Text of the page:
Indexed table


Ricardo Rodrigo Basa


January 7, 2024

In the previous chapter, we saw that an SQL DB parses through the whole table to retrieve rows. Because it does not know where the rows that match the provided conditions are, it has to check every row. This is why it does not matter where in the table the rows are located. This is where INDEXes come in.

Duplicate our table

We want to keep our non-indexed table so that we can still run non-indexed queries later.

It takes about 15 minutes to make a copy.

Then we add the primary key and indexes for fk_id and entry_date.

It takes about 20 minutes to add these indices.

Database Connection

In the background, we set up our environment, connect to the database, and turn on profiling.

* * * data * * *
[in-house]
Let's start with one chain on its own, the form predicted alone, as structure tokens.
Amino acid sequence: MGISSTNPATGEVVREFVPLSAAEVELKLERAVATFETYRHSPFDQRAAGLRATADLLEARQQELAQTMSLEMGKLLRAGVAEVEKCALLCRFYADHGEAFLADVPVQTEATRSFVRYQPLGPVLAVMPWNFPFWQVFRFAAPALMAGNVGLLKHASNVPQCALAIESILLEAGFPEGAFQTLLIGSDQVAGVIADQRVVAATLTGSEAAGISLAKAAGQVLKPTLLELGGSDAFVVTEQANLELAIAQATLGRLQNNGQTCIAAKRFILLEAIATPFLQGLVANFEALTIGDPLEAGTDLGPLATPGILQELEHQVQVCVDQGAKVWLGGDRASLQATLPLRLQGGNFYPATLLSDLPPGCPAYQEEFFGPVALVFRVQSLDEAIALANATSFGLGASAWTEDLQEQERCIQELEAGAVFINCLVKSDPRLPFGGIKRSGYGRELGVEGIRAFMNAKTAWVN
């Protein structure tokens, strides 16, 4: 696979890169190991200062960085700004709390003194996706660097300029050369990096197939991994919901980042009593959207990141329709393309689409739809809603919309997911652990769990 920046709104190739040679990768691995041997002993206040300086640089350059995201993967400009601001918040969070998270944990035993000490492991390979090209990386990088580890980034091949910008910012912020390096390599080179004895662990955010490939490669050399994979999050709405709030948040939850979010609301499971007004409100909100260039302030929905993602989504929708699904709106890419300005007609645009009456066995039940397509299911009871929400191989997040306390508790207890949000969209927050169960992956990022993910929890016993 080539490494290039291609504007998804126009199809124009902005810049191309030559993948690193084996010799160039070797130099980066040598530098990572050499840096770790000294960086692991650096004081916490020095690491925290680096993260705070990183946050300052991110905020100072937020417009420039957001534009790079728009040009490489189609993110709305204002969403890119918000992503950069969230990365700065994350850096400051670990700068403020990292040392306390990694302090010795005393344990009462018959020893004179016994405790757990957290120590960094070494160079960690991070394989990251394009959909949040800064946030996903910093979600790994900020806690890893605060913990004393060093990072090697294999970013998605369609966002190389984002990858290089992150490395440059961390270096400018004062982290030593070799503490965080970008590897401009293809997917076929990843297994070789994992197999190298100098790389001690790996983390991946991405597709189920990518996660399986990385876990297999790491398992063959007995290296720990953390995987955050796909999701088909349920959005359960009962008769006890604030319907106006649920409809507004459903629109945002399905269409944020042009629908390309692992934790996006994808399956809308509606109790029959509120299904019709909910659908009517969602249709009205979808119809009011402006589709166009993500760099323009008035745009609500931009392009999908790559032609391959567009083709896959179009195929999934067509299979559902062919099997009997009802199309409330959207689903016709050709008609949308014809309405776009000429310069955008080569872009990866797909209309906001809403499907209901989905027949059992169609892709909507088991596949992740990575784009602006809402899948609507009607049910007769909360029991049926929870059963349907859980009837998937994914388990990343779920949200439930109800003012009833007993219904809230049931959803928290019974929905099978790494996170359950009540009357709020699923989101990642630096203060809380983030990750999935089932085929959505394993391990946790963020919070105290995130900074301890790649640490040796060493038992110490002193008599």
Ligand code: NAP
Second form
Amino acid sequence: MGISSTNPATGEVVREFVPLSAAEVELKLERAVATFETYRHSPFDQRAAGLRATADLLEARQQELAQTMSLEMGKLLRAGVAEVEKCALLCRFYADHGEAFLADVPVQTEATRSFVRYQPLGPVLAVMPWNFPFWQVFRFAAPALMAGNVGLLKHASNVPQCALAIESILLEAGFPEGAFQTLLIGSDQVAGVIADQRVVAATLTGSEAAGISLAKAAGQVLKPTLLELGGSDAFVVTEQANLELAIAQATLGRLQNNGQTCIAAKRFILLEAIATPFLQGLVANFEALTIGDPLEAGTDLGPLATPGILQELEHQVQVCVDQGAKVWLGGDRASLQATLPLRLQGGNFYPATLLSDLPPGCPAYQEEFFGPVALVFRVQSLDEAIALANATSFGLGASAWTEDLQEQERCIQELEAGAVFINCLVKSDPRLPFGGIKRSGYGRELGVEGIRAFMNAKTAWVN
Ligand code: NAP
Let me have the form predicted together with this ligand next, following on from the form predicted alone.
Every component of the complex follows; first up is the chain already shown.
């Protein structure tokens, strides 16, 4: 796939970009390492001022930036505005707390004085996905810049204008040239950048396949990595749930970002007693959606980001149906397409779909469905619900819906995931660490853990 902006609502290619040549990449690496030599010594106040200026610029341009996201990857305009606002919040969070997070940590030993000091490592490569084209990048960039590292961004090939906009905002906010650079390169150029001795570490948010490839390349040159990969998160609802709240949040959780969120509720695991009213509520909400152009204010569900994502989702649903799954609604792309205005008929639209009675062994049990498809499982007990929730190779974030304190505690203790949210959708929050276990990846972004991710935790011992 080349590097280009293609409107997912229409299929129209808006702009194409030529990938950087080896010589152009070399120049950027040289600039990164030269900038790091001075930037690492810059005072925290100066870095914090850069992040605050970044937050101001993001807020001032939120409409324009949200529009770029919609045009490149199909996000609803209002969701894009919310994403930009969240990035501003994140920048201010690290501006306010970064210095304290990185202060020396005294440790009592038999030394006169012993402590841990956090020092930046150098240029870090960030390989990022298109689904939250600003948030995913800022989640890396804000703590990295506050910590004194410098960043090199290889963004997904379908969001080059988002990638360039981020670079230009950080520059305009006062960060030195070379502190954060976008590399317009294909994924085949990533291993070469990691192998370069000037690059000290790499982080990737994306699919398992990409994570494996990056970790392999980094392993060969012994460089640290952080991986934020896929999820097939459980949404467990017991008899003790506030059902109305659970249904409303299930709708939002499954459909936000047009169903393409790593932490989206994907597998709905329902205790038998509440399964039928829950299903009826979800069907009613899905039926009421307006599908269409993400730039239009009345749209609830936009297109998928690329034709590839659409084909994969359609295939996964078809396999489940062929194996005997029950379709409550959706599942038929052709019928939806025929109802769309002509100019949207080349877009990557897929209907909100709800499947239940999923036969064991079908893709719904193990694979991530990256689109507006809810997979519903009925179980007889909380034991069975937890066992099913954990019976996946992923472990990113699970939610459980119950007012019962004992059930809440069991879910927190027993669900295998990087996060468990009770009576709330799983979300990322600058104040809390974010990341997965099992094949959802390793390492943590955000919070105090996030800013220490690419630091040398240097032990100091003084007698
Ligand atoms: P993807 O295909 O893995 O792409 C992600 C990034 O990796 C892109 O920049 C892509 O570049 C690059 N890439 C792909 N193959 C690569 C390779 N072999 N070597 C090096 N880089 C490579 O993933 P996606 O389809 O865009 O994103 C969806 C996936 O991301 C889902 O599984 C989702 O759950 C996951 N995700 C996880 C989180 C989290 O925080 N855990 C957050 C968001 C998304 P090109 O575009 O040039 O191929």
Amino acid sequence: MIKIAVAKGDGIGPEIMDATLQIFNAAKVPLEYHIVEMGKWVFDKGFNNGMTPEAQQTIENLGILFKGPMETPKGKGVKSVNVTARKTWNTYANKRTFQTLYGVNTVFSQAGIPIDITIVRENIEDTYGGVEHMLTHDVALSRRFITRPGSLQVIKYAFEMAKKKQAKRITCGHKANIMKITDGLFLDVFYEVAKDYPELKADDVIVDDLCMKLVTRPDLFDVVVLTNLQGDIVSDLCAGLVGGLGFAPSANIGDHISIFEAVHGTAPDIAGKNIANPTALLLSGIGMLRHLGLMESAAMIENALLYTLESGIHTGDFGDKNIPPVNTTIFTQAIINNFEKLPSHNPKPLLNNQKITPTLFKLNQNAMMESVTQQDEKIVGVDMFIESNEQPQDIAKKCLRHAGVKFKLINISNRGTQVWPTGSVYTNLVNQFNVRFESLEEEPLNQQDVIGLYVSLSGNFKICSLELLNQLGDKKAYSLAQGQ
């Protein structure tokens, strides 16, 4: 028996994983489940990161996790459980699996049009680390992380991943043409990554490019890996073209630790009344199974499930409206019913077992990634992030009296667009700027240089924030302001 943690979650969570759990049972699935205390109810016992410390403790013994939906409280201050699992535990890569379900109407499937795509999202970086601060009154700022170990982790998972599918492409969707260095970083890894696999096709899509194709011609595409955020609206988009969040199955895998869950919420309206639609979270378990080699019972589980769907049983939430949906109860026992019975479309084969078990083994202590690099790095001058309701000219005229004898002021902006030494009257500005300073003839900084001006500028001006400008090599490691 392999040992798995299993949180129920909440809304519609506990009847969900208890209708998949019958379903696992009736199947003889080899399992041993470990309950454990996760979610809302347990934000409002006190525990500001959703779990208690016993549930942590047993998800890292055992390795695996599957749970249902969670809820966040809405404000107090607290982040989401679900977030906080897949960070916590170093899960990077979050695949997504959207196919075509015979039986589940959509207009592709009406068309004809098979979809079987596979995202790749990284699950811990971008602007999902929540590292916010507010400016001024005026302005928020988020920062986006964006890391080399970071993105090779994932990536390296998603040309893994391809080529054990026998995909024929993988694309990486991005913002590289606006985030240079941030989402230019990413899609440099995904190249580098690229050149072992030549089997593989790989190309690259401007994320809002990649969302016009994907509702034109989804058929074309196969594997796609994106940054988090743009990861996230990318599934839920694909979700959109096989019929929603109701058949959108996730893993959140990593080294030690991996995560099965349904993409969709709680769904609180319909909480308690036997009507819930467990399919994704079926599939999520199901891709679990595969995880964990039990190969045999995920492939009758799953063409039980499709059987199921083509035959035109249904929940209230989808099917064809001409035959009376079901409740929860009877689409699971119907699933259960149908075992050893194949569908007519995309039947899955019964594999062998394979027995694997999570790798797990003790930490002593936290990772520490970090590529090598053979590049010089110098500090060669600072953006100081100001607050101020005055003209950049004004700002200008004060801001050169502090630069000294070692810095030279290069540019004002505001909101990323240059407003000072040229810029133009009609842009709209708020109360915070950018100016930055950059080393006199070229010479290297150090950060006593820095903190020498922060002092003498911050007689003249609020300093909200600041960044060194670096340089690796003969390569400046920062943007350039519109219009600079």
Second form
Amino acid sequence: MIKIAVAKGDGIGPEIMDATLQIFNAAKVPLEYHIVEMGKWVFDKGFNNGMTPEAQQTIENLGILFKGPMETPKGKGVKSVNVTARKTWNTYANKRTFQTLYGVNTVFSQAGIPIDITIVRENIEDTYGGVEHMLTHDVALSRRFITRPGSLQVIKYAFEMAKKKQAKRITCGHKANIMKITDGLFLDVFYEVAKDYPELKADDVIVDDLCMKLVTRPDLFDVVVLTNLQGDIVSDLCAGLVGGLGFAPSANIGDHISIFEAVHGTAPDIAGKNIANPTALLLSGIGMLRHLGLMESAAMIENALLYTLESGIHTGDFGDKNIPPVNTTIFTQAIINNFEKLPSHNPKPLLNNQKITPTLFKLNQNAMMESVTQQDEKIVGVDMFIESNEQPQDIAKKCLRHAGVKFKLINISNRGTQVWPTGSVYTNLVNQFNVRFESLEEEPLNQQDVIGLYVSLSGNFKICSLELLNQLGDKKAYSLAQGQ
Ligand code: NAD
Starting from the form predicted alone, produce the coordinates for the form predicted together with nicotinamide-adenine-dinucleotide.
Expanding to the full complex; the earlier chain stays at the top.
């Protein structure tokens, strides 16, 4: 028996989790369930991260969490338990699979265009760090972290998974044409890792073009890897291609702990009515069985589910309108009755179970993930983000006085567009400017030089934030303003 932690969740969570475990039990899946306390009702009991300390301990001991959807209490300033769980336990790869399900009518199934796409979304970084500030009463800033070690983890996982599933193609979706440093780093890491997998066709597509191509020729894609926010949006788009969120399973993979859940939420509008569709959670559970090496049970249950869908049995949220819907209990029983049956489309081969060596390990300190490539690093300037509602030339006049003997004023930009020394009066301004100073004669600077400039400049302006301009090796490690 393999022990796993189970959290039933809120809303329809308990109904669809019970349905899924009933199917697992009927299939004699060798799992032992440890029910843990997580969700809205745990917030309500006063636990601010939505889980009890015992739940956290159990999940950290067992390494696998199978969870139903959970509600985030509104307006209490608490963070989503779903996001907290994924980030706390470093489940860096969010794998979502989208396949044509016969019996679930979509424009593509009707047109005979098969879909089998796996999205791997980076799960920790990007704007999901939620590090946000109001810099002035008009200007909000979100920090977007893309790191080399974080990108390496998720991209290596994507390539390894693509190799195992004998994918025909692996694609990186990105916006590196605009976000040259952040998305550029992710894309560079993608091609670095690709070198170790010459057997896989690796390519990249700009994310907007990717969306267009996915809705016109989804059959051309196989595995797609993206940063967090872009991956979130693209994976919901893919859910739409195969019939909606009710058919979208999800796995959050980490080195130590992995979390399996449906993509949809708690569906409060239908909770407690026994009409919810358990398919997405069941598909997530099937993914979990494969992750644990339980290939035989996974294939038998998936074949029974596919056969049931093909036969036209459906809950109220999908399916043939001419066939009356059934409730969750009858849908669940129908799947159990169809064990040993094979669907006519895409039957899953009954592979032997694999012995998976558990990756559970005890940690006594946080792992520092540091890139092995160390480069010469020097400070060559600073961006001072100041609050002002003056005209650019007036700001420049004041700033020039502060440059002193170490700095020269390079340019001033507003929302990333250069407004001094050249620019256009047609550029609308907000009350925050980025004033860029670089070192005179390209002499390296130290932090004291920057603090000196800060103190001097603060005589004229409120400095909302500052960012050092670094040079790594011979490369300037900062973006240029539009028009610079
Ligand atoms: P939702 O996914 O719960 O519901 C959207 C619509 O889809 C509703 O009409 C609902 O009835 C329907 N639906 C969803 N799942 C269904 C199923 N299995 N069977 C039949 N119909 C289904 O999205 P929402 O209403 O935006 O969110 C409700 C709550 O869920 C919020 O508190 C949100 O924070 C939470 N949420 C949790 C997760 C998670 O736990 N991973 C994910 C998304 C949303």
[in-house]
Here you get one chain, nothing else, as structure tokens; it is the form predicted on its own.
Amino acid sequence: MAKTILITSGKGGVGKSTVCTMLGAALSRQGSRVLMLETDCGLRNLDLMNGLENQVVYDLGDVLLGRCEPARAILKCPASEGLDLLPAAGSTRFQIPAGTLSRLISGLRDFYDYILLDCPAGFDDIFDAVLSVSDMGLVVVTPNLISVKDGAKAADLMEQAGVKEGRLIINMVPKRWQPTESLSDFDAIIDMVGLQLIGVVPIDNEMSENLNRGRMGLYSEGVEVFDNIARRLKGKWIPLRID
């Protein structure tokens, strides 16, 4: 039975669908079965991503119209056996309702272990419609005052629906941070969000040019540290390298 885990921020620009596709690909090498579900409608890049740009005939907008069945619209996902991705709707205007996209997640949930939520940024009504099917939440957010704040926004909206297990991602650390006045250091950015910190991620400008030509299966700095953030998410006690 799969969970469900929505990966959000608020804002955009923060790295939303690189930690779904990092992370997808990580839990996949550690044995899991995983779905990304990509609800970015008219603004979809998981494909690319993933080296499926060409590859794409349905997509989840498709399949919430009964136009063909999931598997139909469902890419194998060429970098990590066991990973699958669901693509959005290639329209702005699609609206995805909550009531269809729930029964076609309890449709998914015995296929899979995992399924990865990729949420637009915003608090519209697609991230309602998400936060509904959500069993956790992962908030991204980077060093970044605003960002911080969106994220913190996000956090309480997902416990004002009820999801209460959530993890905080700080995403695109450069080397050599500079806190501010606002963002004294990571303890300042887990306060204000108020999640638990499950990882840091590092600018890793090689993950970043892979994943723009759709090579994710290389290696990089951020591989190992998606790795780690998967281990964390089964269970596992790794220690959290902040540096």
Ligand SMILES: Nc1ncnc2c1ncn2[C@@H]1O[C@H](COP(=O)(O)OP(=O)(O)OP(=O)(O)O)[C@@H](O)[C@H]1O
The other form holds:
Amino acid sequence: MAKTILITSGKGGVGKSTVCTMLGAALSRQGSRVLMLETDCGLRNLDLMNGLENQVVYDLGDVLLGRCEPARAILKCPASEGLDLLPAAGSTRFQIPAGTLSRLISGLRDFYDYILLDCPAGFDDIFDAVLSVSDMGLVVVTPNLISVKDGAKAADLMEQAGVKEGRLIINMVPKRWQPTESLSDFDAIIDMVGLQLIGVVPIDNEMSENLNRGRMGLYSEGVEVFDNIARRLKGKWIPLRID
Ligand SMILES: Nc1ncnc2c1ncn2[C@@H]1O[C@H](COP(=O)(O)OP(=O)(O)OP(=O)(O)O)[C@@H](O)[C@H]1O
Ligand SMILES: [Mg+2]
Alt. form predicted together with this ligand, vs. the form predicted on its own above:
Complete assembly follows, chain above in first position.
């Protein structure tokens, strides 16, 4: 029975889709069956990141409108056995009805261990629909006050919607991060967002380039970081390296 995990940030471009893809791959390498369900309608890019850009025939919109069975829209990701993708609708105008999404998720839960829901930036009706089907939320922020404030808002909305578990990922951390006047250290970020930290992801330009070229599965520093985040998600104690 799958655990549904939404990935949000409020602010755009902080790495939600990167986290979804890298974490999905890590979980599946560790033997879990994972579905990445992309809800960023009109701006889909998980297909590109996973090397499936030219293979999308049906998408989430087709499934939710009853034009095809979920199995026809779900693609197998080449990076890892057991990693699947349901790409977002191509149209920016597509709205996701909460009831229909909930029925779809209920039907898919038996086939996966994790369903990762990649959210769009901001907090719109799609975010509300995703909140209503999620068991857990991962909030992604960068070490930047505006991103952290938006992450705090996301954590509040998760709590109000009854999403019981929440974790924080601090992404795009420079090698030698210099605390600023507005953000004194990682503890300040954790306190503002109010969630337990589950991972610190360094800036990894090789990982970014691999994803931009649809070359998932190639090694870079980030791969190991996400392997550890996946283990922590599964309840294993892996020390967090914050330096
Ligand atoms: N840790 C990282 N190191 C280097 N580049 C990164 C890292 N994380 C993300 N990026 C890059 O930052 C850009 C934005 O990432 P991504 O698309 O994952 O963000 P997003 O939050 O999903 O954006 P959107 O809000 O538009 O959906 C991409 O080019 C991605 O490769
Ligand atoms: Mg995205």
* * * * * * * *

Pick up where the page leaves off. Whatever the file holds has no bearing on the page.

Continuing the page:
A quick check of our tables:

Our tables are the same except for the indexes.

Show Profile function

Because we will run profiling repeatedly, it makes sense to write it into a function.

Query 6: Run the “first day” query with the benefit of an index

From 17 seconds, we are now down to below 0.007 seconds.

Query 7: Run the “last day” query with the benefit of an index

It is the same for our “last day” query. Below 0.007 seconds. The DB is not parsing the entire table anymore.

But, this is a little bit of a cheat. Remember that entry_date is already sorted. Rows with the same entry_dates are together. How much difference is there if the needles are scattered all over the table?

Query 8: Retrieve all fk_id = 45

We have a different column we can filter on. fk_id is not sorted. It is randomly distributed across the entire table. Let’s run a baseline on the non-indexed table.

As expected, we get about 17 seconds.

Query 9: Retrieve all fk_id = 45 with the help of an index

Then the same query from the indexed table.

We have a substantial improvement from 17 seconds to less than 5 seconds.


  1. What if we need to filter by year? Or by year-month?